Dyn Med. 2005 Mar 3;4(1):3 [Epub ahead of print]
Black CD, O’connor PJ, McCully KK.
Individuals with chronic fatigue syndrome (CFS) have been shown to have reduced activity levels associated with heightened feelings of fatigue. Previous research has demonstrated that exercise training has beneficial effects on fatigue-related symptoms in individuals with CFS.
PURPOSE: The aim of this study was to sustain an increase in daily physical activity in CFS patients for 4 weeks and assess the effects on fatigue, muscle pain and overall mood.
METHOD: S: Six CFS and seven sedentary controls were studied. Daily activity was assessed by a CSA accelerometer. Following a two week baseline period, CFS subjects were asked to increase their daily physical activity by 30% over baseline by walking a prescribed amount each day for a period of four weeks. Fatigue, muscle pain and overall mood were reported daily using a 0 to 100 visual analog scale and weekly using the Profile of Mood States (Bipolar) questionnaire.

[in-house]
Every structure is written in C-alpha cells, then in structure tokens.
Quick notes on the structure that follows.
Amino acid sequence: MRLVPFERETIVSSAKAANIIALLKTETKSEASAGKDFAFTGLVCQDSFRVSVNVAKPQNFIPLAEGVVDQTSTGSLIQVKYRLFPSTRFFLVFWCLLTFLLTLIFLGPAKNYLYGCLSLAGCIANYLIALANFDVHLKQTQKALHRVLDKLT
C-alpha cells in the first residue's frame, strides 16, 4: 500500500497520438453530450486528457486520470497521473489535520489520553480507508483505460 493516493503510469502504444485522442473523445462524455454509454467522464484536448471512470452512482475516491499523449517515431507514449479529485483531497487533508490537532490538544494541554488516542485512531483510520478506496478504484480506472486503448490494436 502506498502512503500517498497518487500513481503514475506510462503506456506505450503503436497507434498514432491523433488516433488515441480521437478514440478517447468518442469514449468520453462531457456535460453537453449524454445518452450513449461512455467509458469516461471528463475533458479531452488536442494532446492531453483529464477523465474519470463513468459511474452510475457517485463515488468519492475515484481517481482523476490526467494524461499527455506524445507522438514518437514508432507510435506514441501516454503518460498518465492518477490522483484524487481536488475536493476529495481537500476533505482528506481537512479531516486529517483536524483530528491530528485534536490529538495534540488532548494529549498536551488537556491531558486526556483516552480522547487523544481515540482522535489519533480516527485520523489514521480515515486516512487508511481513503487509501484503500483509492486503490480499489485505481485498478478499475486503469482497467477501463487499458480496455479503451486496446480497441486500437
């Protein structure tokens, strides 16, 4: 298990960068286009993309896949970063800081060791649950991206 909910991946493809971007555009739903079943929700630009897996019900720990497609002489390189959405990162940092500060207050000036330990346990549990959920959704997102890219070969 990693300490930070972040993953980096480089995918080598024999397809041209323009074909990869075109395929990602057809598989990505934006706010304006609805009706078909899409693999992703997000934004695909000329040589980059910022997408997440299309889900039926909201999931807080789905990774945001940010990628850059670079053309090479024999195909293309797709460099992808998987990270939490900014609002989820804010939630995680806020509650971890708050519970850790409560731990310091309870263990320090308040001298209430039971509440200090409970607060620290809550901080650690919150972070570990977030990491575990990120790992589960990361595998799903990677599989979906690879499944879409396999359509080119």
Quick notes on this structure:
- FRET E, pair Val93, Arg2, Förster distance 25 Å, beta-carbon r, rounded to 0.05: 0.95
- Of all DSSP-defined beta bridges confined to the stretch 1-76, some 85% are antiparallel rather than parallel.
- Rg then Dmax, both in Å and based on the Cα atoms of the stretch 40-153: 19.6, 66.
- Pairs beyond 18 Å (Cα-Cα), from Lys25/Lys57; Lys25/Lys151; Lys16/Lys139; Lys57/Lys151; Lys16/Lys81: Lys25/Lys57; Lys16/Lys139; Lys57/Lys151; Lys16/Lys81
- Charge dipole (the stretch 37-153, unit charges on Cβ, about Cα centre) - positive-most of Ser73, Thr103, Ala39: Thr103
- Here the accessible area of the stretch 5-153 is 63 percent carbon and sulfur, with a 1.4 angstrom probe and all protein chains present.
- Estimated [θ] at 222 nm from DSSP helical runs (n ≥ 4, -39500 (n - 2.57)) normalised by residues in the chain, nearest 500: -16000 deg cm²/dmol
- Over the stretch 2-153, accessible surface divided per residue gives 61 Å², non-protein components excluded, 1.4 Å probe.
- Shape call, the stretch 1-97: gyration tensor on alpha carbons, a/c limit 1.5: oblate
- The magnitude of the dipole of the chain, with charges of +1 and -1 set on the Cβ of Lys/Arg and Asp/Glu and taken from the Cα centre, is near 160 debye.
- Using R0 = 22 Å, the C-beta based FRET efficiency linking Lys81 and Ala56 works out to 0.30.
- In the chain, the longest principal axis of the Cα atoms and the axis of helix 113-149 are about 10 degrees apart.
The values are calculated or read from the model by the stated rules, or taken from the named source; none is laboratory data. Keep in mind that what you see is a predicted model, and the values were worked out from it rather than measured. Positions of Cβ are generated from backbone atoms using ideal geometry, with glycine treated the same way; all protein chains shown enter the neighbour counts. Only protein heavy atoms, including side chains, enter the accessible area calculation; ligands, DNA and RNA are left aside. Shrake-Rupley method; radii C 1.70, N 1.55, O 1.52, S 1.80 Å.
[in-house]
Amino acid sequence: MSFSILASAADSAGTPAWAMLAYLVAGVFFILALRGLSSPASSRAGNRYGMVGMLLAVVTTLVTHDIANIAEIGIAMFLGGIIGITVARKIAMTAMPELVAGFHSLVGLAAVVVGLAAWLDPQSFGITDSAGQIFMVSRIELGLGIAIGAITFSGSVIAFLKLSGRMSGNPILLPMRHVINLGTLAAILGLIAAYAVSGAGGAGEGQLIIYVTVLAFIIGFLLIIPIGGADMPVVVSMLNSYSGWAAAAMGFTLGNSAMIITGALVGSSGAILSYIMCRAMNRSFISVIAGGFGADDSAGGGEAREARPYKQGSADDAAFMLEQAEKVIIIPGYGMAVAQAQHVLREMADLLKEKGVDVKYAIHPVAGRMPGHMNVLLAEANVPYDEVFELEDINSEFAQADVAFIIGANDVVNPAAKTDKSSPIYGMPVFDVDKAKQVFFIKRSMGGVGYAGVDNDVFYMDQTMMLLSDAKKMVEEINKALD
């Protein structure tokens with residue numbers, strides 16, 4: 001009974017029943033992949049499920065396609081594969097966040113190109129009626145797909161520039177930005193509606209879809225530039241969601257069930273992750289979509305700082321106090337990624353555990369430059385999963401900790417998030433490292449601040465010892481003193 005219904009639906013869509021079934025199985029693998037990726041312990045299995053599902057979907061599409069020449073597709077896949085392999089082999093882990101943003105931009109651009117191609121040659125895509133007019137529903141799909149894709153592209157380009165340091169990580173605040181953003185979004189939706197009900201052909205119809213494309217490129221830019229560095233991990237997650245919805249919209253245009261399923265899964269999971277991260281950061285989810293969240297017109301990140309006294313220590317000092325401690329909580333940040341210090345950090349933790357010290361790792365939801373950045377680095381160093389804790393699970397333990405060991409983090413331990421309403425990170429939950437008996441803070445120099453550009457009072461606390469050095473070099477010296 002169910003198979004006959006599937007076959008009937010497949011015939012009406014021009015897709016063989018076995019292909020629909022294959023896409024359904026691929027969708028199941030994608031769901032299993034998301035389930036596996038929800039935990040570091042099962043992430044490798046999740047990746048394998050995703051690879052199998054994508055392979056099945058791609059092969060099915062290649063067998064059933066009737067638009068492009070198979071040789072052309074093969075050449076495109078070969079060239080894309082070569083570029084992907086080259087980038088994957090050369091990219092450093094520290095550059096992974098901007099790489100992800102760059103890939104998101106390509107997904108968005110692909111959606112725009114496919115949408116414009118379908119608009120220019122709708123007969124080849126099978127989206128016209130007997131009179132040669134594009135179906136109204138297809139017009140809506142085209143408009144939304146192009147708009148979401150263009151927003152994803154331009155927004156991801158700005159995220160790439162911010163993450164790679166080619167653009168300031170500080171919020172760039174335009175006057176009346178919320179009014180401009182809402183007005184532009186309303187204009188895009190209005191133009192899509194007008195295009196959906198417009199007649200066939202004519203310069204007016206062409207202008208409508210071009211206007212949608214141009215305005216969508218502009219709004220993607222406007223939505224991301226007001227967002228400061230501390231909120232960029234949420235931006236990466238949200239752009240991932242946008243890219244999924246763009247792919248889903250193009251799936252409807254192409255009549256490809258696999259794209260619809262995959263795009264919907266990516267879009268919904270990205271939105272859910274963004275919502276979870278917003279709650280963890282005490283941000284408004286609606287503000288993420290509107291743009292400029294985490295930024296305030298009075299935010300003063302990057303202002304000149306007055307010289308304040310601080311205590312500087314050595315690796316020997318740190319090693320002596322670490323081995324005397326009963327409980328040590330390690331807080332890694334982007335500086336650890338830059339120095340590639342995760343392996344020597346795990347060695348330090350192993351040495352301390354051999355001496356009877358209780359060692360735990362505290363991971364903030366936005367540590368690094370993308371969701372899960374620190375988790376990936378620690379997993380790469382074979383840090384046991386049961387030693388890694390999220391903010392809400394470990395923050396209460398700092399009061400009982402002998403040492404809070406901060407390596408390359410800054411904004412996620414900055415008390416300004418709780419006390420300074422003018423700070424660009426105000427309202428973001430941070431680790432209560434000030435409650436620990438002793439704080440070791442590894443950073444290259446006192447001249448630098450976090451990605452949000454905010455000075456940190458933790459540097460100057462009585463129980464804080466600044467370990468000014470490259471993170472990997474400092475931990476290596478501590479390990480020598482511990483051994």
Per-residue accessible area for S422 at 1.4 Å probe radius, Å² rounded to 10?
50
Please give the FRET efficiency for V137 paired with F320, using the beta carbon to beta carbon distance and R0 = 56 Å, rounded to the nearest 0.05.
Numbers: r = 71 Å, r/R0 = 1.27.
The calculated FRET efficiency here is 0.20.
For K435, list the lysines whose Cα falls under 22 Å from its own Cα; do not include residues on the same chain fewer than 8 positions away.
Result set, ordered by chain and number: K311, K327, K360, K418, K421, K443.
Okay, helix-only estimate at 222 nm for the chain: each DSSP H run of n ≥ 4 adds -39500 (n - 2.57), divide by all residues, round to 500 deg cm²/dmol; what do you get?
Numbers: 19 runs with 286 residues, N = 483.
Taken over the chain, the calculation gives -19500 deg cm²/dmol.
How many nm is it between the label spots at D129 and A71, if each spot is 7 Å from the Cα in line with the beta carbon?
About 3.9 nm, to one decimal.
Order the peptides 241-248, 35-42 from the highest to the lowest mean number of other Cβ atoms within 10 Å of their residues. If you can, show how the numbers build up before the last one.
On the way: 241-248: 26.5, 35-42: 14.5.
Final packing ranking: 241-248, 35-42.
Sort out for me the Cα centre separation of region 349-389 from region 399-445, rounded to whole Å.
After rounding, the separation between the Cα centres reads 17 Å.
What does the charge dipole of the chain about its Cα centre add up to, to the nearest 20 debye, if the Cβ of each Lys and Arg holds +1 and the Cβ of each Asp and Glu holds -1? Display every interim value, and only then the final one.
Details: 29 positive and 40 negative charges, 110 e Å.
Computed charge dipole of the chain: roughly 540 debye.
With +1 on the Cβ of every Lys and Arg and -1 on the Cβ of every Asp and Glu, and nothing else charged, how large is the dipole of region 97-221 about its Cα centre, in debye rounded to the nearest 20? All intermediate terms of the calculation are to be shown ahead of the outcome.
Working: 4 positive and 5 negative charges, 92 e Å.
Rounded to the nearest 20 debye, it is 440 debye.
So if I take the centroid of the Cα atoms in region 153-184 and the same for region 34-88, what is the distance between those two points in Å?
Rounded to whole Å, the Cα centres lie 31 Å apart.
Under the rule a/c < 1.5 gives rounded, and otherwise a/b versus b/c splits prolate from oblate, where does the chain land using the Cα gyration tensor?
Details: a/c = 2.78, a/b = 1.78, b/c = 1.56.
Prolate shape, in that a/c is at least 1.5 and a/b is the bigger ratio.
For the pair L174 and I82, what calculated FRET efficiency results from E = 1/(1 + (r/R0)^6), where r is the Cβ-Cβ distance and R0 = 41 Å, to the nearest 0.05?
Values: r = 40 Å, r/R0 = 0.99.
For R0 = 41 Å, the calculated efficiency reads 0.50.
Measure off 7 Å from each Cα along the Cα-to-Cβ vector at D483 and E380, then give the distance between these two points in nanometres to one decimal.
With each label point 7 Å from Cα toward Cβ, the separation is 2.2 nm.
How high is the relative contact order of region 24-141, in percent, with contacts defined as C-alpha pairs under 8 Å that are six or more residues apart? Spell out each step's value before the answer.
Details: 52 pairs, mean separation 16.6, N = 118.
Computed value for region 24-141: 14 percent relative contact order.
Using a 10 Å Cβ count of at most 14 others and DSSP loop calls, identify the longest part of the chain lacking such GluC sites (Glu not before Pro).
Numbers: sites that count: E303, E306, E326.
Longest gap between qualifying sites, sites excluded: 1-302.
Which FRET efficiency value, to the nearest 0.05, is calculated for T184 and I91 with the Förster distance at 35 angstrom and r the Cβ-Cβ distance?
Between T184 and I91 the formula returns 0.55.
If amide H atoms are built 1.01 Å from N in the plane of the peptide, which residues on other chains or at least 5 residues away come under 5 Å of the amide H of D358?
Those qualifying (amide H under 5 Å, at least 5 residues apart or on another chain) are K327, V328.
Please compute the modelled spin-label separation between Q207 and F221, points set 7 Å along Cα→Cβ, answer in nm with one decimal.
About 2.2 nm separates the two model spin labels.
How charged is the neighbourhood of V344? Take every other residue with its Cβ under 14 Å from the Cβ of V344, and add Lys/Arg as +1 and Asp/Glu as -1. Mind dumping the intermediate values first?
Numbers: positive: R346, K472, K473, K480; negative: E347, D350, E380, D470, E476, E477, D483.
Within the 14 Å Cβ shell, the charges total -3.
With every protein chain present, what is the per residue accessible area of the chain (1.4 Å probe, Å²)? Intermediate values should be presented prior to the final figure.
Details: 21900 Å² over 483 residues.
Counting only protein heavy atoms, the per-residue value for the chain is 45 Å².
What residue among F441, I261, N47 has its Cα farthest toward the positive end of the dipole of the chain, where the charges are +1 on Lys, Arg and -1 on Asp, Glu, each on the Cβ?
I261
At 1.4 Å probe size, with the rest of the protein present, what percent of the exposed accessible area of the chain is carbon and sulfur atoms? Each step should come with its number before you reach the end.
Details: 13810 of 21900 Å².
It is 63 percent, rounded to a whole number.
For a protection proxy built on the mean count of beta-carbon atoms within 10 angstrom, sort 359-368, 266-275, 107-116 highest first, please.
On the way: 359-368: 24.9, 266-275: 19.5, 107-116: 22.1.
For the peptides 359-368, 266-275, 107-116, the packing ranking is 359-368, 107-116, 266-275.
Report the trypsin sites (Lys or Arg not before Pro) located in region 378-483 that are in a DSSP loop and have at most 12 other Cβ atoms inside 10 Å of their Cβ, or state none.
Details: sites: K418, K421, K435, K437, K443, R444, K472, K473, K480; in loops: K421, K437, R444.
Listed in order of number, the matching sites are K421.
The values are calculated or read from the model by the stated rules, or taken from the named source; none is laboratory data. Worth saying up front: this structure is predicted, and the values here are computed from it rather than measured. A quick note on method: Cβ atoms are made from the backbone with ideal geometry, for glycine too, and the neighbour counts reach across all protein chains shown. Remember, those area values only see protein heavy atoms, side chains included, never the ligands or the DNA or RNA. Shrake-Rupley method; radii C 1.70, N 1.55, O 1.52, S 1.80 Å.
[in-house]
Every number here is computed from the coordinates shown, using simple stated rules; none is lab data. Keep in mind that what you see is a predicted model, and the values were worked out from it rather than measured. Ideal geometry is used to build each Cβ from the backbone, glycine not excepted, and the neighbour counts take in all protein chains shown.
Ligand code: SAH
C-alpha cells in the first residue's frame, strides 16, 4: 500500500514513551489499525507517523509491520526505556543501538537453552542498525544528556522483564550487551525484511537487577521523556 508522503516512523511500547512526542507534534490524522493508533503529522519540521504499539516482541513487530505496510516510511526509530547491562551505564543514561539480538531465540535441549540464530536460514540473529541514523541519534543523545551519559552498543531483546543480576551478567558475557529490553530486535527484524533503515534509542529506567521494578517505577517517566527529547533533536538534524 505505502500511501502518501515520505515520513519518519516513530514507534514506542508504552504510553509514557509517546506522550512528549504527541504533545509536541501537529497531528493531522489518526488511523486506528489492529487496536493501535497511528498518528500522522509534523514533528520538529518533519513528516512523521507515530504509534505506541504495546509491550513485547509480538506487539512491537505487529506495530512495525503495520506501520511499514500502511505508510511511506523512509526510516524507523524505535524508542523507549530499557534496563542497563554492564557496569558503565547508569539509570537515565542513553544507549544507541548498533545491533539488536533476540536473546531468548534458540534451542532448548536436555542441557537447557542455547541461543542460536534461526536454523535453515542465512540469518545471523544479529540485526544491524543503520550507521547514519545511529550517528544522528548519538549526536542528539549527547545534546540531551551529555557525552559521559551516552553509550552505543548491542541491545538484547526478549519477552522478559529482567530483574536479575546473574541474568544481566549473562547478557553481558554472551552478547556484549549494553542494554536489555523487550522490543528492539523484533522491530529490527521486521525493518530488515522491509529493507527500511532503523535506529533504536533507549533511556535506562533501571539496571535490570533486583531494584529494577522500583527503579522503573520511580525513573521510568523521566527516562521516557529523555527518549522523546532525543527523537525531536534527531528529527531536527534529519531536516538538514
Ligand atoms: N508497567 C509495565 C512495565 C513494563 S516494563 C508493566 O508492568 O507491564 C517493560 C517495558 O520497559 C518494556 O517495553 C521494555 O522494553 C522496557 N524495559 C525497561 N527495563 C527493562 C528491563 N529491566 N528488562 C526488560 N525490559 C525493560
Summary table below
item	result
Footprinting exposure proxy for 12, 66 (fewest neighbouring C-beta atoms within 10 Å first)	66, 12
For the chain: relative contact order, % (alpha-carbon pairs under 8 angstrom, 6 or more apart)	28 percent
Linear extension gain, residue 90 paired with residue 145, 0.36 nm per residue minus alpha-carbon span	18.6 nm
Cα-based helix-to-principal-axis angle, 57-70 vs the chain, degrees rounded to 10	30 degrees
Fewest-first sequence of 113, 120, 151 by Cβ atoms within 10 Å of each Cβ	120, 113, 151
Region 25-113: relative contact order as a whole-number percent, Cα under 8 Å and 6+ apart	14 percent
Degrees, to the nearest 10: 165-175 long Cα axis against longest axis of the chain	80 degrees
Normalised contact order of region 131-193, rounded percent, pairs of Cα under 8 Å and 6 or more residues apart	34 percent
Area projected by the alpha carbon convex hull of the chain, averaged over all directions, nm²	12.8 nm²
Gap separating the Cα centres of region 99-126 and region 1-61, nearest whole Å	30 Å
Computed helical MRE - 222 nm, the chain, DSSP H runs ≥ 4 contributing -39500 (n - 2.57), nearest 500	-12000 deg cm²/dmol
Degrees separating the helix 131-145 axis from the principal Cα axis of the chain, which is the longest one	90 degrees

RESULTS: : CFS patients had significantly lower daily activity counts than controls (162.5 +/- 51.7 x 103 counts/day vs. 267.2 +/- 79.5 x 103 counts/day) during a 2-week baseline period. At baseline, the CFS patients reported significantly (P < 0.01) higher fatigue and muscle pain intensity compared to controls but the groups did not differ in overall mood. CFS subjects increased their daily activity by 28 +/- 19.7% over a 4 week period. Overall mood and muscle pain worsened in the CFS patients with increased activity.
CONCLUSIONS: : CFS patients were able to increase their daily physical activity for a period of four weeks. In contrast to previous studies fatigue, muscle pain, and overall mood did not improve with increased activity. Increased activity was not presented as a treatment which may account for the differential findings between this and previous studies. The results suggest that a daily "activity limit" may exist in this population. Future studies on the impact of physical activity on the symptoms of CFS patients are needed.
PMID: 15745455 [PubMed – as supplied by publisher]